TRENTON – Responding to Assembly Democrats' plan to introduce legislation aimed at spurring economic growth in the state, Gov. Chris Christie’s office said Tuesday that a bipartisan plan should not be part of a partisan campaign.
The governor’s spokesman, Michael Drewniak, said the administration plans to review a bill package announced earlier today by Assembly Democrats, who called on other lawmakers and the governor to work together in a post-Sandy recovery to help curb the state’s economic woes.
“We’ll take a look at it. But any such bills package should be a true bipartisan effort, not part of a partisan campaign, and be realistic in terms of cost, funding and effectiveness,” Drewniak said in a statement.
“Given our shared experience and new demands posed by Hurricane Sandy, most New Jersey residents are acutely aware of the need to be fiscally prudent and non-partisan on these matters,” he said.
The statement comes after Assembly Speaker Sheila Oliver, (D-34), and Assemblyman Louis Greenwald, (D-6), Voorhees, called on officials to come together to get New Jerseyans back to work, but also sharply criticized the governor on his economic policies.
“Gov. Christie talks a game about the fundamentals of economy, but the reality is that the outcomes are atrocious,” Greenwald said earlier in the day.
The Assembly bill package, which includes legislation previously passed by the Legislature and later vetoed by the governor, will include more than 20 proposals focusing on job creation and economic development initiatives for the state.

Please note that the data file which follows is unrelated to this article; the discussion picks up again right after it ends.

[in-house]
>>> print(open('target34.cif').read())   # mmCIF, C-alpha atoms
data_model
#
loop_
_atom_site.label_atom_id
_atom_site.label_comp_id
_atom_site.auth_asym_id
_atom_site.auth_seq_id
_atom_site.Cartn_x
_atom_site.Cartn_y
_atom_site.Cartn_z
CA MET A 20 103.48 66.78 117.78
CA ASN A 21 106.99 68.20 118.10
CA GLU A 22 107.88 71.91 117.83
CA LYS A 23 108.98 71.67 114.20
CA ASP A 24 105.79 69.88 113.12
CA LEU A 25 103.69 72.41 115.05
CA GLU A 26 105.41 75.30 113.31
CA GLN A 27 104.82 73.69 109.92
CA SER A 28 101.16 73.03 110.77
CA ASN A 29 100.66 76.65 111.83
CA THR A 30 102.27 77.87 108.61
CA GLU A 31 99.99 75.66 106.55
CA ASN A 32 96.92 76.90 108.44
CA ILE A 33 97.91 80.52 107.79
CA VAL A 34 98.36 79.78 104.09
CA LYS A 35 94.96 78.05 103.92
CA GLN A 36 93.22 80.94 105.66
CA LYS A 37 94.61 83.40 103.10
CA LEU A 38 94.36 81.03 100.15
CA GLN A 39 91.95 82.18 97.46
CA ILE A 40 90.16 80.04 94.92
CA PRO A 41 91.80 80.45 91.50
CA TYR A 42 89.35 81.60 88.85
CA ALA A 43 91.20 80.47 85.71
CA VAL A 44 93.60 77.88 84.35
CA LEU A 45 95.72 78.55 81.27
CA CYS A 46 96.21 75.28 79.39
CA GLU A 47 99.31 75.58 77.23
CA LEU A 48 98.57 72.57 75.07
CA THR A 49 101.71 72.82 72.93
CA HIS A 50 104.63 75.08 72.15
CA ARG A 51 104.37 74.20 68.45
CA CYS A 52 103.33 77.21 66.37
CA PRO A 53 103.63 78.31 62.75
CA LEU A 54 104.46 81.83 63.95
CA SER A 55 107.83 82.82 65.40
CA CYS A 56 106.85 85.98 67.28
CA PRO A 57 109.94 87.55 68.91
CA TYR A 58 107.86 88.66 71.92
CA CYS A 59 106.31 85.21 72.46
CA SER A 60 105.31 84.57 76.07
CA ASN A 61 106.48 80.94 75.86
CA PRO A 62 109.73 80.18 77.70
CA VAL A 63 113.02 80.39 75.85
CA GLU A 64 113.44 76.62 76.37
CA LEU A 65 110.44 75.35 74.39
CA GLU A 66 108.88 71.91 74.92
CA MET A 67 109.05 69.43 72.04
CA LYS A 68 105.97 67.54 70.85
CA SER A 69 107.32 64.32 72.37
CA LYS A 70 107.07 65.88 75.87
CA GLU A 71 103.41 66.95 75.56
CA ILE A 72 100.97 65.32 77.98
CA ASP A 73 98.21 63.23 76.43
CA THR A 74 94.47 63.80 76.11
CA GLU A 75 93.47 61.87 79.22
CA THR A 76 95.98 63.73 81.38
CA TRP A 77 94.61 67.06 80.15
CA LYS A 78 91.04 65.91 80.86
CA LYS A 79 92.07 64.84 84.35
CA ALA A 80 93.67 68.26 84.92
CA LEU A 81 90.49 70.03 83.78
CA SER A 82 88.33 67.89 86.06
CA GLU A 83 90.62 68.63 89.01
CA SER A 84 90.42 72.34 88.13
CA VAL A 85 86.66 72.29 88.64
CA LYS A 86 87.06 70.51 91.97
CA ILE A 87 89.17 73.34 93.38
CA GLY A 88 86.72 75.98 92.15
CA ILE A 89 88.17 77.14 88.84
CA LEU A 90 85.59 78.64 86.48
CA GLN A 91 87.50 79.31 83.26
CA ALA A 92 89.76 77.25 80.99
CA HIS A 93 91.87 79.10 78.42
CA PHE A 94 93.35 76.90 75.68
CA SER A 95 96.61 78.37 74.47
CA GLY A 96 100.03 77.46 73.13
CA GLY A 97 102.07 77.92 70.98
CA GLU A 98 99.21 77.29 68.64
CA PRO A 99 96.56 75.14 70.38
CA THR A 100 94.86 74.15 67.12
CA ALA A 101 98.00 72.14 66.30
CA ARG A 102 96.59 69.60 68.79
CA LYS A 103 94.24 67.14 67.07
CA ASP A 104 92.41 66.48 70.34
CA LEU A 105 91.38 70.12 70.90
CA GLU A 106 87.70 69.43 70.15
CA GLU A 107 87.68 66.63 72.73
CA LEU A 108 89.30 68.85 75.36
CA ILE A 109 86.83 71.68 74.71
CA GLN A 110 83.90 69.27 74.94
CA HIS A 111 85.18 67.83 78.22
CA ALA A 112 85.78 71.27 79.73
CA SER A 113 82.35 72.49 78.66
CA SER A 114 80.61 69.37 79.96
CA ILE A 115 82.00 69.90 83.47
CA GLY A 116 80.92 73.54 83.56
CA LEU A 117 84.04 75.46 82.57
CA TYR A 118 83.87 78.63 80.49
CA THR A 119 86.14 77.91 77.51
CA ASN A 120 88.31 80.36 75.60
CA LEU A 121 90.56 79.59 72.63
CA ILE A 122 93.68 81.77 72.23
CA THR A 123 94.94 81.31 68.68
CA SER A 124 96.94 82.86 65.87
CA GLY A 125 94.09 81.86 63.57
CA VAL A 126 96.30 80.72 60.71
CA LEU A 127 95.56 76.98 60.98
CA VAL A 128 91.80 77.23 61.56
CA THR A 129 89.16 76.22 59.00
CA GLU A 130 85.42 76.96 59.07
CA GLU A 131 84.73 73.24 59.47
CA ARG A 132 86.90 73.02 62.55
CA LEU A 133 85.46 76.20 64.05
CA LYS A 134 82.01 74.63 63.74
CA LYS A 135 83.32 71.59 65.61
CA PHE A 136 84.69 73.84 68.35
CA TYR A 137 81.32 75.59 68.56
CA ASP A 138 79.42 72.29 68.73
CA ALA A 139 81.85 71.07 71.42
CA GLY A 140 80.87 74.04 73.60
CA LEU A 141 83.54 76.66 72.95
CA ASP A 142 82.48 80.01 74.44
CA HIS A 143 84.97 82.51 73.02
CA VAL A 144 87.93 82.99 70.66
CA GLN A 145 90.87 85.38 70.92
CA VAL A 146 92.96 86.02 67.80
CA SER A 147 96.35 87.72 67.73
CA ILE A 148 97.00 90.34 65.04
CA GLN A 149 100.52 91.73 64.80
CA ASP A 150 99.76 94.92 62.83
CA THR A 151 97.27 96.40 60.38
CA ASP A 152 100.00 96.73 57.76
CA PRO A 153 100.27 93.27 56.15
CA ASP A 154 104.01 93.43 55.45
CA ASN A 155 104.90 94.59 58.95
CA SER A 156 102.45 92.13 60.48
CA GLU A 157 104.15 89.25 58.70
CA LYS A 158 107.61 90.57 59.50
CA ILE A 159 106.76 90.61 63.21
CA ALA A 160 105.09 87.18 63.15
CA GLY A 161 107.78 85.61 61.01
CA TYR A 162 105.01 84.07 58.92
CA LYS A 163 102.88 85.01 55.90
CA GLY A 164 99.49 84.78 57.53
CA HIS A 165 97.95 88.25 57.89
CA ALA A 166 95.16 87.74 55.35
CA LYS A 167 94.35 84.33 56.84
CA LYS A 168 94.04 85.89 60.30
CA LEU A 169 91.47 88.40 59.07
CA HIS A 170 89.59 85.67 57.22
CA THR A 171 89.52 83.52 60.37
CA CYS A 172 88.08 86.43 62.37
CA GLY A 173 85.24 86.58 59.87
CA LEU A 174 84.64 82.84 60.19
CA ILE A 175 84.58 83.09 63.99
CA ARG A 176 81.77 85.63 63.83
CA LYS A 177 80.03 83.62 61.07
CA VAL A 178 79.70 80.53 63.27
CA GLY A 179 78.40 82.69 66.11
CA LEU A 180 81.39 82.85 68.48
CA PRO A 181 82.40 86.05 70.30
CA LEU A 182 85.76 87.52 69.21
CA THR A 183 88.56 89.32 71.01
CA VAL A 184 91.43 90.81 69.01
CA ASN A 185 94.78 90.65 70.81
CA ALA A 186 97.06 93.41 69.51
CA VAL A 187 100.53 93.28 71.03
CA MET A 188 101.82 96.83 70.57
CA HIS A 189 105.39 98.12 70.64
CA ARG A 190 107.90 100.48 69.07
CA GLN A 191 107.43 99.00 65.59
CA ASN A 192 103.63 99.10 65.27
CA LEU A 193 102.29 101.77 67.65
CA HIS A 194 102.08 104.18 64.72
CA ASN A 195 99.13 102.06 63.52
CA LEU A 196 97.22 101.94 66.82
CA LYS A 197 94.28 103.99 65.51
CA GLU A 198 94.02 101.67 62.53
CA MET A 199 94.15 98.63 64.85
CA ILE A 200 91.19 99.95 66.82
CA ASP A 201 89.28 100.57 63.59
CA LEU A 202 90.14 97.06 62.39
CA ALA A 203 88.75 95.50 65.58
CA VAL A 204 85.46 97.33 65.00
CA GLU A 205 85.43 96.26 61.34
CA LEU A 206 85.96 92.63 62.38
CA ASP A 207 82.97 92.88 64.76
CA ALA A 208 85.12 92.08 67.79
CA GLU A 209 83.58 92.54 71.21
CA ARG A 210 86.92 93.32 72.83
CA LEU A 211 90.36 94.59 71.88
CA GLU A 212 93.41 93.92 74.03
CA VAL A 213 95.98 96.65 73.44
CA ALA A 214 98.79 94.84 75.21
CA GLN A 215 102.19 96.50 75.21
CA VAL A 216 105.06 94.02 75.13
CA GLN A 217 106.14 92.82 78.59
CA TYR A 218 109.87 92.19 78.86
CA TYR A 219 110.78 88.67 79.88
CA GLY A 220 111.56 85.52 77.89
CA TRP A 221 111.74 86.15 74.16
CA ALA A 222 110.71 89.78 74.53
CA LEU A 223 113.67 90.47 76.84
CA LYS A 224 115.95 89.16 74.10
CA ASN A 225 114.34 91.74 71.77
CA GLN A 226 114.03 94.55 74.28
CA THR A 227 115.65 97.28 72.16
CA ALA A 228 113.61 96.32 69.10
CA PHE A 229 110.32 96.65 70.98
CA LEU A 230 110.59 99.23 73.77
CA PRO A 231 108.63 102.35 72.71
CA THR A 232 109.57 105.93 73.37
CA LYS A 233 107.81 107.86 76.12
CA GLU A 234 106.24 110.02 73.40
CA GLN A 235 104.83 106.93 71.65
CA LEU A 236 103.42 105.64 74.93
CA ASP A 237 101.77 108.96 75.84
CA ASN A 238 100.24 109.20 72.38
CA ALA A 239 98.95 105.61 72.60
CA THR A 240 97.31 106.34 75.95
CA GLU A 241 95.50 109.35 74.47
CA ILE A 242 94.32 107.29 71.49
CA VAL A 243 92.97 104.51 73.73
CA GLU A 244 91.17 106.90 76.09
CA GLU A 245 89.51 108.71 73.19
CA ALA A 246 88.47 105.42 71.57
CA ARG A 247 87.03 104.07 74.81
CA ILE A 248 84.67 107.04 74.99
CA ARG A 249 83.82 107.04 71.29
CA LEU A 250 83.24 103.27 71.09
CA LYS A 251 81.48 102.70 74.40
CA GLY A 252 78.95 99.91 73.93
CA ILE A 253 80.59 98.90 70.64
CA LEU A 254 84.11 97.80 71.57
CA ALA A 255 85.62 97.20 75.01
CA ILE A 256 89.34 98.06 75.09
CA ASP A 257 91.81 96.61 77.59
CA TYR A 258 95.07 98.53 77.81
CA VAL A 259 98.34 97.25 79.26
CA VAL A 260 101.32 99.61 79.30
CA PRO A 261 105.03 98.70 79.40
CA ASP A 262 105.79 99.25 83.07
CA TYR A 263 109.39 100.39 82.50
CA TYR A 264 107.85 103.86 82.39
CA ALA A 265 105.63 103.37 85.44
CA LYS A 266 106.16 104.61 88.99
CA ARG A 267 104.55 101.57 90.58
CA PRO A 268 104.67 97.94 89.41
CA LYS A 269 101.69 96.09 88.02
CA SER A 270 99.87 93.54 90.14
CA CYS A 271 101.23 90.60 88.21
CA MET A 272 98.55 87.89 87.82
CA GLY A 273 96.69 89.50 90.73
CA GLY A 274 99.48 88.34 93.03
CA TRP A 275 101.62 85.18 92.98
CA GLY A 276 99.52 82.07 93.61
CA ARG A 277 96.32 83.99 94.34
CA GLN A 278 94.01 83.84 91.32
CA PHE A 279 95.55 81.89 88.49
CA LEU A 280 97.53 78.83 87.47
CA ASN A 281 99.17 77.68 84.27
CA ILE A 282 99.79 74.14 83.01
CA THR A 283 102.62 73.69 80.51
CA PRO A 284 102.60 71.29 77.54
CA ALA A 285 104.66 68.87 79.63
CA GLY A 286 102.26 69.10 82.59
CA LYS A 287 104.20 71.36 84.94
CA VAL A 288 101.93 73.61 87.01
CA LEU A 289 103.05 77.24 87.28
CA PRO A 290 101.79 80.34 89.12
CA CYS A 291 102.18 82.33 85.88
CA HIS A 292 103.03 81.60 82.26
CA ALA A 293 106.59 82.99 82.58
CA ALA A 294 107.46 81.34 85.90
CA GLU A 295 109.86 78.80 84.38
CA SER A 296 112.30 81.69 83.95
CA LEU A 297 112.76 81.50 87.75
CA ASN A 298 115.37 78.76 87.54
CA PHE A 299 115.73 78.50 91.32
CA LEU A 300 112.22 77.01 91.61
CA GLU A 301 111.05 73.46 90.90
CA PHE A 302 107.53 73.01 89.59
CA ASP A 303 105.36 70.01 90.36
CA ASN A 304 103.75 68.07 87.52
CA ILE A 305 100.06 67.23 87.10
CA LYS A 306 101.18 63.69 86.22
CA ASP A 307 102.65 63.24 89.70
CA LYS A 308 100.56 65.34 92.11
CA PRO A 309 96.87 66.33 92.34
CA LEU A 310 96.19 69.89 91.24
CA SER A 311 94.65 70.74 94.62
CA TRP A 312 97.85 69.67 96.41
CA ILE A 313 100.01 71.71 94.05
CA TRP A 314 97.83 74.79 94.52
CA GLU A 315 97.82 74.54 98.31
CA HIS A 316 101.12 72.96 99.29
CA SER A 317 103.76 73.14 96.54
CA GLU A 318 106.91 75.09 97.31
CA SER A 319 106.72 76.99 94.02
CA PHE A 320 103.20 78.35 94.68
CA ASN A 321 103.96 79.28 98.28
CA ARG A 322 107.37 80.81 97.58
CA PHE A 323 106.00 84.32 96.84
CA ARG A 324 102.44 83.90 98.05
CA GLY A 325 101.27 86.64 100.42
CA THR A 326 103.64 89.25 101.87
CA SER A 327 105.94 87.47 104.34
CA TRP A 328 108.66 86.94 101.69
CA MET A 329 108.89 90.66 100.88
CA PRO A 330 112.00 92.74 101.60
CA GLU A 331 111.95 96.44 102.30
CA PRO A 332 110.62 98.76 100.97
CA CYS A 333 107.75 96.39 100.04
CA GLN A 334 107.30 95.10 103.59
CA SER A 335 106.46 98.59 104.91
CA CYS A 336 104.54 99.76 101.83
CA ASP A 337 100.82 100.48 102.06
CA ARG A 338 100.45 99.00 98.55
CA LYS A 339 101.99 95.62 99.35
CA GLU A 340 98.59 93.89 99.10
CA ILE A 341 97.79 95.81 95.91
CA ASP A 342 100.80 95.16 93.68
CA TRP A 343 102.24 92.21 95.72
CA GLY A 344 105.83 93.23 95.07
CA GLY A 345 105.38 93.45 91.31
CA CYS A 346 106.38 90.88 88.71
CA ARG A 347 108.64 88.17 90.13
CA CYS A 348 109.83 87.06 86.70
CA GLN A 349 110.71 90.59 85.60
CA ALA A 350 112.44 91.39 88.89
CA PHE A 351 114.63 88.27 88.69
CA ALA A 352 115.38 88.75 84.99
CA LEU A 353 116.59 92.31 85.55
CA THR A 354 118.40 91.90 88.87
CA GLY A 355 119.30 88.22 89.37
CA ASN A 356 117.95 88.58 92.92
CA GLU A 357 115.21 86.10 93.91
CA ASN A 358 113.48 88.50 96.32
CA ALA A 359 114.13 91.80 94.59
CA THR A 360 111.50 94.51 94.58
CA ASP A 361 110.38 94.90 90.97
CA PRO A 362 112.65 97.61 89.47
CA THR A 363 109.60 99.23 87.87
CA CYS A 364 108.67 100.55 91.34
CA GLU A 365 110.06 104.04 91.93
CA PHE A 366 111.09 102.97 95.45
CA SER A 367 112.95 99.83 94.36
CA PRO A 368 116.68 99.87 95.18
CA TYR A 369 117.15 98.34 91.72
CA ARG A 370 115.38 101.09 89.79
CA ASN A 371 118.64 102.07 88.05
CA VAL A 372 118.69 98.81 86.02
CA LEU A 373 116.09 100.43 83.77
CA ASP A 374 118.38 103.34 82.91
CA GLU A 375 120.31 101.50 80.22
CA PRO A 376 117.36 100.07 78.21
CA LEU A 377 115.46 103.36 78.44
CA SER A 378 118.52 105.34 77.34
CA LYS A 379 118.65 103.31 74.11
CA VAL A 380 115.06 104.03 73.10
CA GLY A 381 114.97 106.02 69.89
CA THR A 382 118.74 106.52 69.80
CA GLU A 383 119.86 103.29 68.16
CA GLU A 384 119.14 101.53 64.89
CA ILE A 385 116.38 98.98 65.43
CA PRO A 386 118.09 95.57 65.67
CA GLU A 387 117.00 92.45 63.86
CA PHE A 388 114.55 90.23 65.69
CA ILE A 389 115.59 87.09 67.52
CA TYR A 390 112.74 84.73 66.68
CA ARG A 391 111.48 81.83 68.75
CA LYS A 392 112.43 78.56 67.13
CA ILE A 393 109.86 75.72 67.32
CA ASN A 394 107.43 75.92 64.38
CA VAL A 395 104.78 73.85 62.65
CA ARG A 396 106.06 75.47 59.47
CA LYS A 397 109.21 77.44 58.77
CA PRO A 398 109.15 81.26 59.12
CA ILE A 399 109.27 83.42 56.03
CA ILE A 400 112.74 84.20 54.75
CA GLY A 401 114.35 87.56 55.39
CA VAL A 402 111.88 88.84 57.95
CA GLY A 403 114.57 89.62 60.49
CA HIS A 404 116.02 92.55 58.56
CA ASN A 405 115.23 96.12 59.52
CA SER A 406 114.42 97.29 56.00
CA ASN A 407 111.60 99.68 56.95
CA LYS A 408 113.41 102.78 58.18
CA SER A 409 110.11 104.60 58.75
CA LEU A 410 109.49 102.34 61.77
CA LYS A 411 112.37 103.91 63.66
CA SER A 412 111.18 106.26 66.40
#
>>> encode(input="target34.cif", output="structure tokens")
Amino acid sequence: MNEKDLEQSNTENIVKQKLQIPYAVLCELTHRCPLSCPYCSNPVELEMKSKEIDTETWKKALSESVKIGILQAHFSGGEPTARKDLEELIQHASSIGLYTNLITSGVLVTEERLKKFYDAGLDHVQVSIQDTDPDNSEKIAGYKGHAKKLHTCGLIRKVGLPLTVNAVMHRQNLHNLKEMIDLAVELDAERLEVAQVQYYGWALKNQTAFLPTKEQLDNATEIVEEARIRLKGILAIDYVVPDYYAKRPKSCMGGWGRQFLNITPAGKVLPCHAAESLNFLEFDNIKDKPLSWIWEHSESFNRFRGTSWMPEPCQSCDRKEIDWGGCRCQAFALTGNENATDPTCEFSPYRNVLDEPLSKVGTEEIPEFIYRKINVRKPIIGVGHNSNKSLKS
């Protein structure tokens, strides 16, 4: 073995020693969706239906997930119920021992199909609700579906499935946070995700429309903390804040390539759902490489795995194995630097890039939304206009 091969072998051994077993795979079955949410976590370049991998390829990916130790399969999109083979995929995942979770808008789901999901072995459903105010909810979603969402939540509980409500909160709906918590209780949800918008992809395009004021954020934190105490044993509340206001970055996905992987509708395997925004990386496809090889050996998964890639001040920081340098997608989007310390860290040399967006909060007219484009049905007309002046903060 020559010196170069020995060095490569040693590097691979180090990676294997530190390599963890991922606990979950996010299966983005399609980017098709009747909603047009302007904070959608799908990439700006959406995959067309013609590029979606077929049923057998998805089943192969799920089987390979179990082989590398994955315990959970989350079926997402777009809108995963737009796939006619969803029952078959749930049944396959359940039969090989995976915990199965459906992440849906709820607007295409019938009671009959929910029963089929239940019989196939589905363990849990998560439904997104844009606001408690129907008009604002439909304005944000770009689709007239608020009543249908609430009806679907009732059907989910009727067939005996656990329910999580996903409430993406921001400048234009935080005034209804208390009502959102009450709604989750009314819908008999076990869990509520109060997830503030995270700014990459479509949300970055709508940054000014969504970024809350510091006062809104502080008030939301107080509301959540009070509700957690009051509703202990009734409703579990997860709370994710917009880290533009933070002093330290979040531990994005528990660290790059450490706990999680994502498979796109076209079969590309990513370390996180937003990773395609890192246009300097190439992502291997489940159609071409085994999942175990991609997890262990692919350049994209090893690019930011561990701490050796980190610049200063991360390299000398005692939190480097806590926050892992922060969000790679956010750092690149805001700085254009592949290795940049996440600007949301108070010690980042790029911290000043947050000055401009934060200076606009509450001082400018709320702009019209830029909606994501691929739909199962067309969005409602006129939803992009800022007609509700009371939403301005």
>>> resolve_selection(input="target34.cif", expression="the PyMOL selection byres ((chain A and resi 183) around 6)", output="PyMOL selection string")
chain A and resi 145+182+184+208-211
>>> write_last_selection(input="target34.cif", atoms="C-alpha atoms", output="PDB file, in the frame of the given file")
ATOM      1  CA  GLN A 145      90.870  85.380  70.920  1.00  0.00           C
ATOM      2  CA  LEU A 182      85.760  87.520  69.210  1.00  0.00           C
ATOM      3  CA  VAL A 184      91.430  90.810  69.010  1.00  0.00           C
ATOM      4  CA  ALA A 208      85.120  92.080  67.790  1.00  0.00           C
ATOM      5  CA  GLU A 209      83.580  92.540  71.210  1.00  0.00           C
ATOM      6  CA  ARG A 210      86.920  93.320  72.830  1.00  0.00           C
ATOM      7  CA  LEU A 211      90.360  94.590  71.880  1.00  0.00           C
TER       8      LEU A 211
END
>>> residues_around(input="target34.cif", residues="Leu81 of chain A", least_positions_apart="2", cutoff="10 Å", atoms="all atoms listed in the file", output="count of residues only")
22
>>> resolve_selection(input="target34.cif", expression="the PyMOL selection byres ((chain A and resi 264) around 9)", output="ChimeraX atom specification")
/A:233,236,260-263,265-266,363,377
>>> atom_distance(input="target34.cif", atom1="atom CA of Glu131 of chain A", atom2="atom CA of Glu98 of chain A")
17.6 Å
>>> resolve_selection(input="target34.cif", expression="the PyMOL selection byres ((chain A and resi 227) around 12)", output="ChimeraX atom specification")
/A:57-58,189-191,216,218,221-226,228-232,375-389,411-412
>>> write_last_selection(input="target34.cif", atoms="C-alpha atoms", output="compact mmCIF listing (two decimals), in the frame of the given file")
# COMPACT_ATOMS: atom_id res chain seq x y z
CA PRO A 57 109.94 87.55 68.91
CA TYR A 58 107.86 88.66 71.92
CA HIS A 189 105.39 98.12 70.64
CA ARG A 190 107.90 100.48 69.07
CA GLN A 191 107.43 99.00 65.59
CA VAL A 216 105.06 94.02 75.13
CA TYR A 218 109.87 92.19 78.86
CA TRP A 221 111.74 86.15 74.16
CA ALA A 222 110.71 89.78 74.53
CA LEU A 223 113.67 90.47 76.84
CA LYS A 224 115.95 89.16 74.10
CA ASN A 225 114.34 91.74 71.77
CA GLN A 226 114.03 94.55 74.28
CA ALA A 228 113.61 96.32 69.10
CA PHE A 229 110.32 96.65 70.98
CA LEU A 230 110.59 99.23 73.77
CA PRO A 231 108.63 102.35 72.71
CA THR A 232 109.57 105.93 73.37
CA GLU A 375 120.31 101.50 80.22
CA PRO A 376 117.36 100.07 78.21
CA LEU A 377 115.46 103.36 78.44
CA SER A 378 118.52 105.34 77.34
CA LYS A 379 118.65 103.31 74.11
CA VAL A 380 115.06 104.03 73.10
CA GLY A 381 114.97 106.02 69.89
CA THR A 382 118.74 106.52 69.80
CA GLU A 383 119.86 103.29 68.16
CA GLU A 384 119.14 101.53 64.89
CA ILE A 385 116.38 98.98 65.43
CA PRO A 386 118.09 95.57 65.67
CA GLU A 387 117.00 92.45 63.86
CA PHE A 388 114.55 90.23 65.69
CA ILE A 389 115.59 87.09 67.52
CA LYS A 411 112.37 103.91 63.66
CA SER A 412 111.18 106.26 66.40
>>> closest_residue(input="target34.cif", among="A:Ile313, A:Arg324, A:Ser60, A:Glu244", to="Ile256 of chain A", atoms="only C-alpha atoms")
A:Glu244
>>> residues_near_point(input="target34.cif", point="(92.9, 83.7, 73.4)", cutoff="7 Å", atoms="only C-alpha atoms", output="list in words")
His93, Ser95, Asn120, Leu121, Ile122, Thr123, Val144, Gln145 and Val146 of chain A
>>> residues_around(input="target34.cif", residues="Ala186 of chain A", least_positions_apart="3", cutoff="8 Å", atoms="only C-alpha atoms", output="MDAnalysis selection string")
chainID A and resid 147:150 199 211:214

The chairman of the Assembly Budget Committee, Assemblyman Vincent Prieto, (D-32), Secaucus, who was also present during the Assembly news conference, said he planned to take up the bill package during his committee’s next meeting.
The Assembly will vote on the package during the Assembly’s next voting session, Oliver said.
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"Gov. Chris Christie says he won’t campaign for the Republican gubernatorial candidate in New York because the cause is hopeless: Gov. Andrew Cuomo is ahead by more than 30 points. But he will campaign in New Hampshire, over and over, where the Republican is also trailing by more than 30 points. What’s the reason? It may be that New Hampshire holds the nation’s first presidential primary. It may be that he doesn’t want to mess with Cuomo, who knows where the skeletons are buried at the Port Authority. But one thing is certain: Gov. Straight Talk is spinning again. And it seems to be habit-forming." - columnist Tom Moran- Star-Ledger
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